One more peep at seven o'clock doings, and we will move further afield. Though sundry are up and doing, the great mass of London is yet sleeping. Sleeps the cosy tradesman, sleeps the linendraper's shopman (till eight), sleeps the merchant, the dandy, the actor, the author, the petite maitresse. Hold fast while I wheel in my flight and hover over Pimlico. There is Millbank, where the boarders and lodgers, clad in hodden gray, with masks on their faces and numbers on their backs, have been up and stirring since six. And there, north-west of Millbank, is the palace, almost as ugly as the prison, where dwells the Great Governess of the Land. She is there, for you may see the standard floating in the morning breeze; and at seven in the morning, she, too, is up and doing. If she were at Osborne she would be strolling very likely on the white-beached shore, listening to the sea murmuring "your gracious Majesty," and "your Majesty's ever faithful subject and servant," and "your petitioner will ever pray;" for it is thus doubtless that the obsequious sea has addressed sovereigns since Xerxes' time. Or if the Imperial Governess were at [-57-] Windsor, she might, at this very time, be walking on those mysterious Slopes on which it is a standing marvel that Royalty can preserve its equilibrium. When I speak of our gracious lady being awake and up at seven o'clock, I know that I am venturing into the realms of pure supposition; but remember I am Asmodeus, and can unroof palaces and hovels at will. Is it not, besides, a matter of public report that the Queen rises early? Does not the Court newsman (I wonder whether that occult functionary gets up early too) know it? Does not everybody know it-everybody say it? And what everybody says must be true. There are despatches to be read; private and confidential letters to foreign sovereigns to be written; the breakfasts, perchance, of the little princes and princesses to be superintended; the proofs, probably, of the last Royal etching or princely photograph to be inspected; a new pony to be tried in the riding-house; a new dog to be taught tricks: a host of things to do. Who shall say? What do we know about the daily life of royalty, save that it must be infinitely more laborious than that of a convict drudging through his penal servitude in Portland Prison? I met the carriage of H.R.H. the Prince Consort, with H.R.H. inside it, prowling about Pedlar's Acre very early the other morning, going to or coming from, I presume, the South-Western Railway Terminus. When I read of her Majesty's "arriving with her accustomed punctuality" at some rendezvous at nine o'clock in the morning, I can but think of and marvel at the amount of business she must have despatched before she entered her carriage. If there were to be (which heaven forfend!) a coronation to-morrow, the sovereign would be sure to arrive with his or her "accustomed punctuality;" yet how many hours it must take to try on the crown, to study the proper sweep of the imperial purple, to learn by heart that coronation oath which is never, never broken! For my part, I often wonder how kings and queens and emperors find time to go to bed at all.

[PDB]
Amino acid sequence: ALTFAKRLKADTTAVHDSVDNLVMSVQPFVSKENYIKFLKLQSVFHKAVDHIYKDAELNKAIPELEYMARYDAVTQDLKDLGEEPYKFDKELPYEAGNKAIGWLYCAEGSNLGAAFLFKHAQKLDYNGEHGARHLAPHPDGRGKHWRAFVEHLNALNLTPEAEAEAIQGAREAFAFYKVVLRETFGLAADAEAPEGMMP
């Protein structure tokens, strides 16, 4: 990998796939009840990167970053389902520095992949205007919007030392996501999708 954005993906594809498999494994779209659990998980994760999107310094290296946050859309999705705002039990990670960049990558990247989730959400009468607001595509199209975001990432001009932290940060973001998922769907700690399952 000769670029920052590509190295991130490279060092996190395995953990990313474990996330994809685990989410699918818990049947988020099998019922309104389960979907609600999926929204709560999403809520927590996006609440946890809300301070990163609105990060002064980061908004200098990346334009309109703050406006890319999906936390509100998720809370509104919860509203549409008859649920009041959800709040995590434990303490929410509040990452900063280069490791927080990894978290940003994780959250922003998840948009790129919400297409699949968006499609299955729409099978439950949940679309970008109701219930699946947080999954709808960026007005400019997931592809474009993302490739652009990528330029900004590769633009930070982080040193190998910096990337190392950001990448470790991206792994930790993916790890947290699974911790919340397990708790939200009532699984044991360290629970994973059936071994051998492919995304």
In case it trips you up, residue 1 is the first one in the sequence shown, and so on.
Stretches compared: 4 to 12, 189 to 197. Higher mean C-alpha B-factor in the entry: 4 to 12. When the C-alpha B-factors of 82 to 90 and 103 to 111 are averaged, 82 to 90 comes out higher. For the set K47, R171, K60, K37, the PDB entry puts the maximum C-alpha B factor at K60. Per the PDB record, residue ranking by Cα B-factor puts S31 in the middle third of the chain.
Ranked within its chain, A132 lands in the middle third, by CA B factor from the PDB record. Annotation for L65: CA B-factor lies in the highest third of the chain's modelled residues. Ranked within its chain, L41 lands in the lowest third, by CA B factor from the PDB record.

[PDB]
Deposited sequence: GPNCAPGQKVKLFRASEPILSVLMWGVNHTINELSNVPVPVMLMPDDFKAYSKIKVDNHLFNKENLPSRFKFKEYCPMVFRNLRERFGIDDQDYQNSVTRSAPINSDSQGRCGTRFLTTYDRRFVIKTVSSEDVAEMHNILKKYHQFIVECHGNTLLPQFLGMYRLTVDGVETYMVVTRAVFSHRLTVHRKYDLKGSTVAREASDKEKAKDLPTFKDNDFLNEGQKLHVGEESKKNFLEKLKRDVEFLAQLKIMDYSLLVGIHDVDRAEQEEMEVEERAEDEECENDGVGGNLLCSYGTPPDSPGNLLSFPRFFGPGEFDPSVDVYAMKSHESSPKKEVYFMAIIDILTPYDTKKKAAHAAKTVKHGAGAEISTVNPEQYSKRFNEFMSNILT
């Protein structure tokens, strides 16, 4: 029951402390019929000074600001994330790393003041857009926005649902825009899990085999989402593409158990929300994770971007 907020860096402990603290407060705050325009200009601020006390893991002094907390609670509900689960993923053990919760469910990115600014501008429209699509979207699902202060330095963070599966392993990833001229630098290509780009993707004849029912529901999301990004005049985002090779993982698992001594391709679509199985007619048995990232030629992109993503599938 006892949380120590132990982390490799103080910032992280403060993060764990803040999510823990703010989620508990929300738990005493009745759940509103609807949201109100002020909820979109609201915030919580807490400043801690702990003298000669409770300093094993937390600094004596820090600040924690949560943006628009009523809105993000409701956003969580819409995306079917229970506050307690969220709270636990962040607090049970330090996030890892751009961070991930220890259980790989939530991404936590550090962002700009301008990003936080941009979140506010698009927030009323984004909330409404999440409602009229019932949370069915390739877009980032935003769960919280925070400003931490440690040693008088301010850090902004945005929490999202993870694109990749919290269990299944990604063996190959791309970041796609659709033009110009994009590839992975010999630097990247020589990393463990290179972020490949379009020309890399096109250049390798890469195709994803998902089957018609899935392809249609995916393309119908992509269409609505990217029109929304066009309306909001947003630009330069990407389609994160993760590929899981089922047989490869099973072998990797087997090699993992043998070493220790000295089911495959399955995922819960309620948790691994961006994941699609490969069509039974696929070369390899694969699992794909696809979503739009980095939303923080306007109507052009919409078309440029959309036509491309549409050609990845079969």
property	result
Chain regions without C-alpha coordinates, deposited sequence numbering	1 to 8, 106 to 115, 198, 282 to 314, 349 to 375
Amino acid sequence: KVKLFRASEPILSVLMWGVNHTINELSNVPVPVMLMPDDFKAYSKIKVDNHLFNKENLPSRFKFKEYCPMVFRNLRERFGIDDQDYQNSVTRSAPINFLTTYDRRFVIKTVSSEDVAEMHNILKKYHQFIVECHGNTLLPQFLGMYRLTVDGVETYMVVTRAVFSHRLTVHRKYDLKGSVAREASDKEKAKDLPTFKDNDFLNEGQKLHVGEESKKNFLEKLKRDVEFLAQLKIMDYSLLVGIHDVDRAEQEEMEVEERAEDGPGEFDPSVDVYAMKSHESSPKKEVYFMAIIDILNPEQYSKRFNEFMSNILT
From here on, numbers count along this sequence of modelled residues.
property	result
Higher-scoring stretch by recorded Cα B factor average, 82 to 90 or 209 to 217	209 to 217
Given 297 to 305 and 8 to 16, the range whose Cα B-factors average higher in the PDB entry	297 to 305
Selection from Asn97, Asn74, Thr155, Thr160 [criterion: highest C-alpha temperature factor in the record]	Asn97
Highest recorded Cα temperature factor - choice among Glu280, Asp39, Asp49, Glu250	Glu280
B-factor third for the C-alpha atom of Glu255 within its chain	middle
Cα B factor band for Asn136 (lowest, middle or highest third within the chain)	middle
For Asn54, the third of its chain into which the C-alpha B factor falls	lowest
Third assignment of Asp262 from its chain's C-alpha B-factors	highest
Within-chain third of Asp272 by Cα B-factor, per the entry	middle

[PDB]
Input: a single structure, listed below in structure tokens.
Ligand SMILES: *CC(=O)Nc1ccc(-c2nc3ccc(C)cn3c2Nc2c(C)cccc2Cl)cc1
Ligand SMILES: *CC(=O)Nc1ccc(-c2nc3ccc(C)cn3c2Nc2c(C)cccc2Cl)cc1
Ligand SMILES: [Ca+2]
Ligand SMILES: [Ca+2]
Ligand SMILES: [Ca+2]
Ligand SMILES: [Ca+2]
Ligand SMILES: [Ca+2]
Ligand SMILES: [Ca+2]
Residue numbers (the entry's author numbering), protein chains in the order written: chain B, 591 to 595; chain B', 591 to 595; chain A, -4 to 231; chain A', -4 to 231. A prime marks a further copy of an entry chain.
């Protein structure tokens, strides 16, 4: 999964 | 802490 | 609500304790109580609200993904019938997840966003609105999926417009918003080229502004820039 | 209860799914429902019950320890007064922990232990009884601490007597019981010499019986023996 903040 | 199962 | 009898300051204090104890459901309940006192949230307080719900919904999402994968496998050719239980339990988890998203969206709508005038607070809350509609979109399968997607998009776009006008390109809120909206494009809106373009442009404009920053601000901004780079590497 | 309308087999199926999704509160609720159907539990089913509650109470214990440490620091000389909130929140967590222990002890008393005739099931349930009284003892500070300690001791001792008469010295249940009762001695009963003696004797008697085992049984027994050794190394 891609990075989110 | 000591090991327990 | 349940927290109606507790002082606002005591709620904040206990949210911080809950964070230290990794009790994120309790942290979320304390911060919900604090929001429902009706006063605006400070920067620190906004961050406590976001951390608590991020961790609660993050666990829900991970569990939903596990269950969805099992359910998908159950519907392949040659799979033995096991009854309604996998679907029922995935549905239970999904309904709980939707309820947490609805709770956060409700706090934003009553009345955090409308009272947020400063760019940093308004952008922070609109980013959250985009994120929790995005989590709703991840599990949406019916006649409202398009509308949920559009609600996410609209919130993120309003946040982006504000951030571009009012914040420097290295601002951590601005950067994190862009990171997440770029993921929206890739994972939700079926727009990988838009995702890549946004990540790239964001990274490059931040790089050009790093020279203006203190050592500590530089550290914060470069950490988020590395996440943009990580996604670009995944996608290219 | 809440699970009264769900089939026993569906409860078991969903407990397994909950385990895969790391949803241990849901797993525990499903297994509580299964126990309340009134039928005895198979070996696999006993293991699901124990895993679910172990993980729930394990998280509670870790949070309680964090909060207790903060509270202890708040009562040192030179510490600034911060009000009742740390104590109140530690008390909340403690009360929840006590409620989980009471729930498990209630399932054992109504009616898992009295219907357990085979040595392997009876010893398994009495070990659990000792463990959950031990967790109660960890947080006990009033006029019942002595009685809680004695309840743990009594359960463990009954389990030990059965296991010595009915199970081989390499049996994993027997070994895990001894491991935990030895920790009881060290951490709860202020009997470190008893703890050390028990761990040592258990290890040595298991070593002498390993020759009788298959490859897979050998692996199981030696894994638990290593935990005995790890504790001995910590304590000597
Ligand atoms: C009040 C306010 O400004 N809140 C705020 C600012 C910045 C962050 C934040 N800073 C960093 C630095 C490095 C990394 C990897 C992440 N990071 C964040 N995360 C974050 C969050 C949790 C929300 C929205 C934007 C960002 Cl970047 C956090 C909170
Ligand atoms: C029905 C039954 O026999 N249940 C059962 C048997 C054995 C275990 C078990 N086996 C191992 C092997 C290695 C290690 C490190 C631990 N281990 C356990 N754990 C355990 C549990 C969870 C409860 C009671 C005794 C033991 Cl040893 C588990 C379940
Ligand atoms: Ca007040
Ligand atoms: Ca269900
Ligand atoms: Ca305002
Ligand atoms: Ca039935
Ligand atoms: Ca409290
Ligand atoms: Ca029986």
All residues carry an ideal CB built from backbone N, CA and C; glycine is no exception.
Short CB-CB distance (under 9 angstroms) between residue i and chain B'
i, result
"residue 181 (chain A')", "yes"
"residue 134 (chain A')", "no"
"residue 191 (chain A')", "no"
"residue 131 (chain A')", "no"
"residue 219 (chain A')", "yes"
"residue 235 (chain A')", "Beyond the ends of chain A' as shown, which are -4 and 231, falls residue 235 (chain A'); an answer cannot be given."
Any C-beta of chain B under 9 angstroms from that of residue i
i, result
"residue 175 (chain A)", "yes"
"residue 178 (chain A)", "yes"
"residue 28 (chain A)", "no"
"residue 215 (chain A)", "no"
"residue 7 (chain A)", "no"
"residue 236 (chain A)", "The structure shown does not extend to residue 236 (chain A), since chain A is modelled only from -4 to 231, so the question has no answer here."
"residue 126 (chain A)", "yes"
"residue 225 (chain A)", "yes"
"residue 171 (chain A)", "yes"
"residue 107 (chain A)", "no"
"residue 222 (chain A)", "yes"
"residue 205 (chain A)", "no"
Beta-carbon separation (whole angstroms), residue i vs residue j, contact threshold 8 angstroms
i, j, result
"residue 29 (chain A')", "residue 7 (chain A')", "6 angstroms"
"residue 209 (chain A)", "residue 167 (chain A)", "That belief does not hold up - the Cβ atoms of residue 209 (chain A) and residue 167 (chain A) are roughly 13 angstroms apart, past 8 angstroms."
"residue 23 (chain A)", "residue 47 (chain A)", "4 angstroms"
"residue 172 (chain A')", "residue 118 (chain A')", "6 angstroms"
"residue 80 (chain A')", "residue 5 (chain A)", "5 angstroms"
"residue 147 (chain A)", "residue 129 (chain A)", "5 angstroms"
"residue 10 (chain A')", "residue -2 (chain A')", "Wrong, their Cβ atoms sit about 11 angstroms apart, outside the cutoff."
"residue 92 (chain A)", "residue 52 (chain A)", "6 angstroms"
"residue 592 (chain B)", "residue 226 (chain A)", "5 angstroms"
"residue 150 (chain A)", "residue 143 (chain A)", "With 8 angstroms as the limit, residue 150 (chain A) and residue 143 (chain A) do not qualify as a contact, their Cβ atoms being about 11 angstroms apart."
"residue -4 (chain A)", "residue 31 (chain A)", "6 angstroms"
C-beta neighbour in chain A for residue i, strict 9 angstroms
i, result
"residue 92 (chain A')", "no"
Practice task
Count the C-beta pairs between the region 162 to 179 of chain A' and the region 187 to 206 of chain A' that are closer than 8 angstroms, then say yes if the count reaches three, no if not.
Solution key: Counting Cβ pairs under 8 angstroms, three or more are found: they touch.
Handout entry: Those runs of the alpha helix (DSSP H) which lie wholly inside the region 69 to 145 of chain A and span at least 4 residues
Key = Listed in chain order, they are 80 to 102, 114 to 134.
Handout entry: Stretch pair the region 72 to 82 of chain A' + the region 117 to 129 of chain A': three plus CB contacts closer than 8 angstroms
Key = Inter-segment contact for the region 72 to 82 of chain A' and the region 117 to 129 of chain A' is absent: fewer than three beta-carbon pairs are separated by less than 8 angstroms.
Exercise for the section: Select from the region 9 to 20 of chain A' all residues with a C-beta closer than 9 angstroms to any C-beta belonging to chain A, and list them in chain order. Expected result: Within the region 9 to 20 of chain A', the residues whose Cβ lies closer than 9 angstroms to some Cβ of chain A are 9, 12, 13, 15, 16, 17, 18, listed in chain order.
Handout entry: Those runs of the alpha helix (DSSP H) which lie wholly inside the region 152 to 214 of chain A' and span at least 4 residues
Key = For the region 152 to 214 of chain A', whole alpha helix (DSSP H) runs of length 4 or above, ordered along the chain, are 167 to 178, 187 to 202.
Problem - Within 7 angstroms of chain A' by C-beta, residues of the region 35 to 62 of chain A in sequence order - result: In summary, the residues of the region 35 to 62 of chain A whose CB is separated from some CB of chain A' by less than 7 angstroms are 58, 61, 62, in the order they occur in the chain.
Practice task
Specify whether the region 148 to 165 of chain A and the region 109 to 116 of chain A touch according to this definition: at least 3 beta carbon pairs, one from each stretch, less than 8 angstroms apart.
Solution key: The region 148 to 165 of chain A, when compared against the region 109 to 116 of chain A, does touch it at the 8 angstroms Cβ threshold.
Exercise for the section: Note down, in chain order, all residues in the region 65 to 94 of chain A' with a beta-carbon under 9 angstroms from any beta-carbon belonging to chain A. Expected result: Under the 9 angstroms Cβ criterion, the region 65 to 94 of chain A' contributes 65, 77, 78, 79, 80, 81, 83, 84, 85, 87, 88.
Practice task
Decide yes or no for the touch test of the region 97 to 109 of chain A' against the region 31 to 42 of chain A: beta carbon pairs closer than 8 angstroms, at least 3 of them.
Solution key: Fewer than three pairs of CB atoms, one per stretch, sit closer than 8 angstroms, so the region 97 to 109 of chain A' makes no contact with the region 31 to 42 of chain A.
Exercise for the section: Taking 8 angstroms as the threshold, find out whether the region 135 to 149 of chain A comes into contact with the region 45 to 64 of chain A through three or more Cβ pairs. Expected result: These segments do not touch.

So now, reader, not wholly, I trust, unedified by the cursory view we have taken of Babylon the Great in its seven-o'clock-in-the-morning phase, we have arrived at the end of our journey-to another stage thereof, at least. We have flown from Knightsbridge to Bermondsey, not exactly as the crow flies, nor yet as straight as an arrow from a Tartar's how; but still we have gyrated and skimmed and wheeled along somehow, even as a sparrow seeking knowledge on the housetops and corn in the street kennels. And now we will go out of town. [-58-] Whithersoever you choose; but by what means of conveyance By water? The penny steamboats have not commenced their journeys yet. The Pride of the Thames is snugly moored at Essex Pier, and Waterman, No. 2, still keeps her head under her wing - or under her funnel, if you will. The omnibuses have not yet begun to roll in any perceptible numbers, and the few stage coaches that are still left (how they linger, those cheerful institutions, bidding yet a blithe defiance to the monopolising and all-devouring rail!) have not put in an appearance at the White Horse Cellar in Piccadilly, the Flower Pot in Bishopsgate Street, or the Catherine Wheel in the Borough. So we must needs quit Babylon by railway. Toss up for a terminus with me. Shall it be London Bridge, Briarean station with arms stretching to Brighton the well-beloved, Gravesend the chalky and periwinkley, Rochester the martial, Chatham the naval, Hastings the saline, Dover the castellated, Tunbridge Wells the genteel, Margate the shrimpy, Ramsgate the asinine, Canterbury the ecclesiastical, or Herne Bay the desolate? Shall it be the Great Northern, hard by Battle Bridge and Pentonville's frowning bastille? No; the fens of Lincolnshire nor the moors of Yorkshire like me not. Shall it be the Great Western, with its vast, quiet station, its Palladio-Vitruvian hotel, and its promise of travel through the rich meadows of Berkshire and b the sparkling waters of Isis, into smiling Somerset and blooming Devon? No; cab fares to Paddington are ruinously expensive, and I have prejudices against the broad gauge. Shall it be the Eastern Counties? Avaunt! evil-smelling Shoreditch, bad neighbourhood of worse melodramas, and cheap grocers' shops where there is sand in the sugar and birch-brooms in the tea. No Eastern Counties carriage shall bear me to the pestiferous marshes of Essex or the dismal flats of Norfolk. There is the South-Western. Hum! The Hampton Court line is pleasant; the Staines, Slough, and Windsor delicious; but I fancy not the Waterloo Road on a fine morning. I am undecided. Toss up again. Heads for the Great Western; tails for the London and North Western. Tails it is ; and abandoning our aerial flight, let us cast ourselves into yonder Hansom, and bid the driver drive like mad to Euston Square, else we shall miss the seven o'clock train.